A Fragile Experiment: Nicaragua

Cows graze next to the capital city's only skyscraper. The 18-story edifice rises out of downtown Managua, a field laced by roads and dotted with abandoned buildings that have stood for a decade as they are now; among some of the ruins squatters have made their homes. Downtown Managua is a political comment on power and poverty, a parable of U.S. influence around the globe.

The lone building that brushes the Nicaraguan sky is the Bank of America. For years it has stood tall as a symbol of U.S. economic and political power in Central America. As if to say that U.S. power was unshakable, the bank alone stood through the 1972 Managua earthquake, while the rest of the downtown buildings bowed to the earth's awesome force.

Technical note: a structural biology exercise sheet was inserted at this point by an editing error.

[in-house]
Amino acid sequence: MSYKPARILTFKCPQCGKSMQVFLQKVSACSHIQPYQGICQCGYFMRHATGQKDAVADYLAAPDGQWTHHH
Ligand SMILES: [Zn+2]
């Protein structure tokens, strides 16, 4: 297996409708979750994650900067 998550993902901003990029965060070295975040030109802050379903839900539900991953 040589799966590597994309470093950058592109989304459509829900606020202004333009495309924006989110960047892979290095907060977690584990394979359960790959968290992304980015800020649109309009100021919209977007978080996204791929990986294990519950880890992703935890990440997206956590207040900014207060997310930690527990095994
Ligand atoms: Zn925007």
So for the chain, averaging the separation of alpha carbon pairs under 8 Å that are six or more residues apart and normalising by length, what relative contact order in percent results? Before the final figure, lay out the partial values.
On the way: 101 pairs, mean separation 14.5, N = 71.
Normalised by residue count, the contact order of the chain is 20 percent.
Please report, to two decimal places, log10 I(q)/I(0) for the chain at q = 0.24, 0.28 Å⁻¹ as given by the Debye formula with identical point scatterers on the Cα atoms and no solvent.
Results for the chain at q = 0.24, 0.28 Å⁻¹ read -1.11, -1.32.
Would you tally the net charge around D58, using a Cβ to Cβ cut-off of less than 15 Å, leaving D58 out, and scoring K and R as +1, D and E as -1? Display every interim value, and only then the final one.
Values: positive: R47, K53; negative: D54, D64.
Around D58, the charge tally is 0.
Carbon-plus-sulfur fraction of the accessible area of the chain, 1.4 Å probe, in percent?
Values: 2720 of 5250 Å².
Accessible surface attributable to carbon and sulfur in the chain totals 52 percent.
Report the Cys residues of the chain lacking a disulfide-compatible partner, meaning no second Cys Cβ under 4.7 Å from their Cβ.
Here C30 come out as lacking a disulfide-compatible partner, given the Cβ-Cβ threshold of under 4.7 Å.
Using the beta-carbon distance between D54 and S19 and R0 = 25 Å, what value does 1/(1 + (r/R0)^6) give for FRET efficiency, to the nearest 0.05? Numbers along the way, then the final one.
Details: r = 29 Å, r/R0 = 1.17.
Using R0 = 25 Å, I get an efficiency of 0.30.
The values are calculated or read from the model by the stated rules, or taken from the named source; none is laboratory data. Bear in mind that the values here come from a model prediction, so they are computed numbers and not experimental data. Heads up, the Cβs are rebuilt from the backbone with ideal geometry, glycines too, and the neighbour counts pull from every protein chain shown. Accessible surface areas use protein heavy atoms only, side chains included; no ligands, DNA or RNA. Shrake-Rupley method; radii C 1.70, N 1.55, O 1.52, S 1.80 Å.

For decades there was another symbol of U.S. power in Central America: the name Somoza. The history dates back to the beginning of the century, when the U.S. government forced out Nicaragua's president and established a puppet regime. The new U.S.-backed regime safeguarded the interests of U.S. mining and fruit companies, as well as ensured Nicaragua's strategic importance for inter-oceanic travel and military campaigns (the Bay of Pigs invasion was later launched from Nicaragua's shores). To enforce U.S. control, the Marines occupied the country from 1911 to 1933.

In the late 1920s and early '30s, a small man emerged with great prominence in Nicaragua. His name was Augusto Cesar Sandino. Sandino was a beloved leader committed to improving the plight of the poor, particularly through literacy training. He was a nationalist who loved the people of his country and was determined to free them from U.S. imperialism, fighting the Marines until Franklin D. Roosevelt finally withdrew them.

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